I’m not sure who is arguing that we need 435 liberals in the House to get anything good done. Personally my goal is 218+ Democrats. No doubt that’s a heavy lift. There are only about 35 swing districts, and Democrats need to win 17 to take the majority. Because of the wildly successful round of Republican gerrymandering, Democrats need something like a 7% win in the popular vote to win a majority of the districts as they are currently drawn. This year Democrats won the national House popular vote by 1.12%. About 1.4 million more people voted for a House Democrat than voted for a House Republican, but Republicans kept a majority of seats anyway.
So I’m with Rich Wilkins on his point that liberals who want a House majority need to get used to working alongside the kind of right-wing Democrats who can win in more conservative districts:
Today’s GOP establishment is yester-year’s nutjobs, and these Congressmen breaking from them provide a glimmer, a small one that I’m sure will close next week, of hope that there can be agreements made in President Obama’s second term. We now know who we’re reasonably going to have any chance of ever speaking to, and who not. The idea that we’ll replace all the “moderate” Republicans is also not really going anywhere. When the Dents, and Leonard Lances of the world, are moved into more conservative leaning districts, if we beat them it will have to be with a moderate Democrat, which many in our party have grown to hate.
More importantly, this is political reality. We will never get 435 solid progressive votes. Never. You would like to have 218, and that would be great, but we don’t have that now, not even close, and we probably won’t this decade. Thanks to re-districting, if we want the House back, the activists on the left are going to have to kiss and make up with the concept of “Blue Dogs,” especially in districts that we don’t currently have. Six Republicans are in left-leaning districts, and we need 17 seats, so we’re going to have to cut our losses and accept some people who break with us 20%, maybe even 30% of the time to win. In the meanwhile, the only way to pass any meaningful legislation going forward during President Obama’s time in Washington is going to require a coalition of some portion of our 201 House members and these 85 Republicans. Otherwise we fail. This is the Congress we have, so yes, I do think we have to stop thinking of these guys as the devil.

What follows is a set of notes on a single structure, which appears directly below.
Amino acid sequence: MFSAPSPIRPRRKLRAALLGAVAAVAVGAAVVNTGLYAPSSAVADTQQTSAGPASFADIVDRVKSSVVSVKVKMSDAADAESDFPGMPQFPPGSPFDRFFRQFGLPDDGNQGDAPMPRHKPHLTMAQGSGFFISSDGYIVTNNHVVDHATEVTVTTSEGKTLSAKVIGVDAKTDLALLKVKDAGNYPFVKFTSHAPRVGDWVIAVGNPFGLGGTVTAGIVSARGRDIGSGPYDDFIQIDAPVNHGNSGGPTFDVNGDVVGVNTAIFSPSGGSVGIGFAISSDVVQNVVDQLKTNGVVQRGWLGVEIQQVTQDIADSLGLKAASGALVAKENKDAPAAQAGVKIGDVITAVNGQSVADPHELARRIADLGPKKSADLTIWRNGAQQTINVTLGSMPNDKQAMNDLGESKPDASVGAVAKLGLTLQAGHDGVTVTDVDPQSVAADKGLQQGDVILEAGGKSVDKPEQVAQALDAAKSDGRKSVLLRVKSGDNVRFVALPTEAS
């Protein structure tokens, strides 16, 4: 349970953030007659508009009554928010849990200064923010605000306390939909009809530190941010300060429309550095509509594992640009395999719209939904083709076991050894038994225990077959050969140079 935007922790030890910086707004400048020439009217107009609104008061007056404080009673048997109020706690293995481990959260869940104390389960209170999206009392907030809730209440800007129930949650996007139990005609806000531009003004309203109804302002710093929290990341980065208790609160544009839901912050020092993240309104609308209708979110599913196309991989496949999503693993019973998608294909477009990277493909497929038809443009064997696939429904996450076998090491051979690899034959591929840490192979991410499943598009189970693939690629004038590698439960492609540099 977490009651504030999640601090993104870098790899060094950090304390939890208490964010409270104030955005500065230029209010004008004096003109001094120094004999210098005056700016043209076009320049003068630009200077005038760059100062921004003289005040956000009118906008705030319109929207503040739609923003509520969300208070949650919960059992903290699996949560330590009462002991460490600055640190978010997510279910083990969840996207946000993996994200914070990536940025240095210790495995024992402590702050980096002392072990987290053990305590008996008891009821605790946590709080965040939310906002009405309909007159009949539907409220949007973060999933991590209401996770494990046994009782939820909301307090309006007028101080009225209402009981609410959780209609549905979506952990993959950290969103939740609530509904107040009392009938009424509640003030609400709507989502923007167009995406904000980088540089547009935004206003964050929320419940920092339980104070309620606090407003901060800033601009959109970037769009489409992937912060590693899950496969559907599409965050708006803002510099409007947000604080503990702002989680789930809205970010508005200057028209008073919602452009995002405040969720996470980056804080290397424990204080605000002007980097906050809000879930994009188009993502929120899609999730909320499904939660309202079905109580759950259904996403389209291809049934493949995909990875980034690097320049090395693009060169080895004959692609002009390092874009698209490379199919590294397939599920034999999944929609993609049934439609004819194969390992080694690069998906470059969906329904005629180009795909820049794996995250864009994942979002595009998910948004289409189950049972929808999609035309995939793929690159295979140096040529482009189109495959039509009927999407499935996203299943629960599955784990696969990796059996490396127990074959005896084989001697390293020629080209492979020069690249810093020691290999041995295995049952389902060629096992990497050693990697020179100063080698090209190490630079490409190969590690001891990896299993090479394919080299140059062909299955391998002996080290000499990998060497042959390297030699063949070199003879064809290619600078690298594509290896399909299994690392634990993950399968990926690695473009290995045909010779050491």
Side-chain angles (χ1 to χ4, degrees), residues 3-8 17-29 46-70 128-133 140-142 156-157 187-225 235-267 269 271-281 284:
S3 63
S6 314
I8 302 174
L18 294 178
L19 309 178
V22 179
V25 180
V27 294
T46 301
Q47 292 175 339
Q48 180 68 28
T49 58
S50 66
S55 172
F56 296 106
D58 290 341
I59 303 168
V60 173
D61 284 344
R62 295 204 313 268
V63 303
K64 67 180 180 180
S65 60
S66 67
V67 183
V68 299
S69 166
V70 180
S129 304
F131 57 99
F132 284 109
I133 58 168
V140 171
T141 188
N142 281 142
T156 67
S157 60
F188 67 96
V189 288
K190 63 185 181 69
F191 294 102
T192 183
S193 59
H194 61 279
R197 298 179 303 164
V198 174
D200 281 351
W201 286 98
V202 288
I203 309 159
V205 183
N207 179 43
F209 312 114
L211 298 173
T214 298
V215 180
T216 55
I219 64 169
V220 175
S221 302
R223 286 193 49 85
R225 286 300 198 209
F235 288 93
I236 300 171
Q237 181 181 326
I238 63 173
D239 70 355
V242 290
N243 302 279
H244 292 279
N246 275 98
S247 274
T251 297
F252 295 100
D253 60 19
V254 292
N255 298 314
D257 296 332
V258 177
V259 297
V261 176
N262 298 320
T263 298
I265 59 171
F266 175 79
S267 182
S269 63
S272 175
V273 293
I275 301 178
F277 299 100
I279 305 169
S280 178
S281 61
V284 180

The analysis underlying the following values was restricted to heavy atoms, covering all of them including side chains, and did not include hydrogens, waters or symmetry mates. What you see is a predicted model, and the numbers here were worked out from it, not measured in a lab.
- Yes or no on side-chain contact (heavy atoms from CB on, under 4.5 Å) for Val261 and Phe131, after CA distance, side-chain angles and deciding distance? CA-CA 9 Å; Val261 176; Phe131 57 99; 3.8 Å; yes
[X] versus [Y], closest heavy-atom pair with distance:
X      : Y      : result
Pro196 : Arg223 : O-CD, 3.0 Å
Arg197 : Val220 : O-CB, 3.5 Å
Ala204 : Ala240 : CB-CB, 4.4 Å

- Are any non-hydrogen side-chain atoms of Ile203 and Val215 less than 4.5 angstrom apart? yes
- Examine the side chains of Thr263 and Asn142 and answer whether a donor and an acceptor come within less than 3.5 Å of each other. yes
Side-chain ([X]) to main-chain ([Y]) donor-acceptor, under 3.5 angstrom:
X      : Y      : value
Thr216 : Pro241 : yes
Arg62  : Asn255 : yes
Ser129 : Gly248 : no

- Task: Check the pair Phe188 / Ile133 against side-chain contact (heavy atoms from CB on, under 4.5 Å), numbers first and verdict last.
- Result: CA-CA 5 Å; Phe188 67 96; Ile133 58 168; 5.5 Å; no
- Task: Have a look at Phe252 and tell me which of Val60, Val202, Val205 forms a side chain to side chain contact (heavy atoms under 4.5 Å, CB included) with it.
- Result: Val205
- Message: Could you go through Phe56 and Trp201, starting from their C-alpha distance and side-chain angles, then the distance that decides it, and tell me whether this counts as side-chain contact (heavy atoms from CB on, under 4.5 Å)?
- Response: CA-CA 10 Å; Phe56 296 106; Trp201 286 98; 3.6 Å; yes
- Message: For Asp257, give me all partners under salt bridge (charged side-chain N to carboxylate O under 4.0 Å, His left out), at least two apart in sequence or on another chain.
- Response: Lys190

Two points about this:
If you want to say we should run more conservative Democrats in marginal districts, I want to agree with that, but everybody needs to say what positions their dream Blue Dogs would take.
I have no problem with Democrats running to the right on issues where the Republican position is actually popular in the district. What I disagree with is the notion that rural and exurban voters want to be ruled by insurance and bank lobbyists, or are clamoring for Social Security cuts. Those are not the conservative positions that are popular in swing districts, and I see no reason for Democrats to think that nominating Social Security cutters or bank-friendly future lobbyists will help them win over Reagan Democrats. My view is that swing district voters are receptive to a populist economic message, and that Republicans have done a good job framing their agenda in populist terms, while Democrats have been very squeamish about that kind of messaging. Democrats crave the approval of DC chin-strokers and chafe at accusations of “class warfare,” while Republicans understand that they pay no electoral penalty for DC disapproval of crude populist framing.
Second, I don’t agree that a successful second Obama term requires passing legislation through the House. The big agenda items in the second term involve vetoing bad ideas and protecting the policy wins from the first term. Obama needed to let all the Bush tax cuts expire and propose some different Obama tax cuts, he needs to implement the Affordable Care Act and veto Congressional efforts to change or defund it, he needs to veto changes to Dodd-Frank, etc. This is what the second term is all about. All the things happening automatically over the next 4 years advantage Obama. He just needs to sit back, make veto threats, and do all that he can through executive orders and various agency policy changes.
The reason liberals didn’t like the cliff deal was that doing nothing and going over the cliff would’ve given us a much better deal automatically than anything House Republicans would’ve agreed to. Rich thinks we should’ve agreed to Social Security cuts (chained CPI is a 3% benefit cut) and whined less about the $400,000 cut-off in exchange for a better deal. I disagree. The only items worth bargaining for were a permanent end to the debt ceiling and an extension of the payroll tax holiday. Republicans ruled out both early on, even while the chained CPI trial balloon was still being floated by the White House. With those items off the table, there was no point in making a deal. Going over the “cliff” and negotiating from the 2013 baseline where all the Bush tax cuts have expired would have put Democrats in a way better negotiating position.
It’d be nice if we could win a House majority in 2014, but the big important pieces of the Obama agenda in the second term don’t require Congress. The White House’s agenda is mostly on autopilot, and the only way to screw it up is if Obama pre-compromises with the Republicans to please the DC bipartisanship fetishists.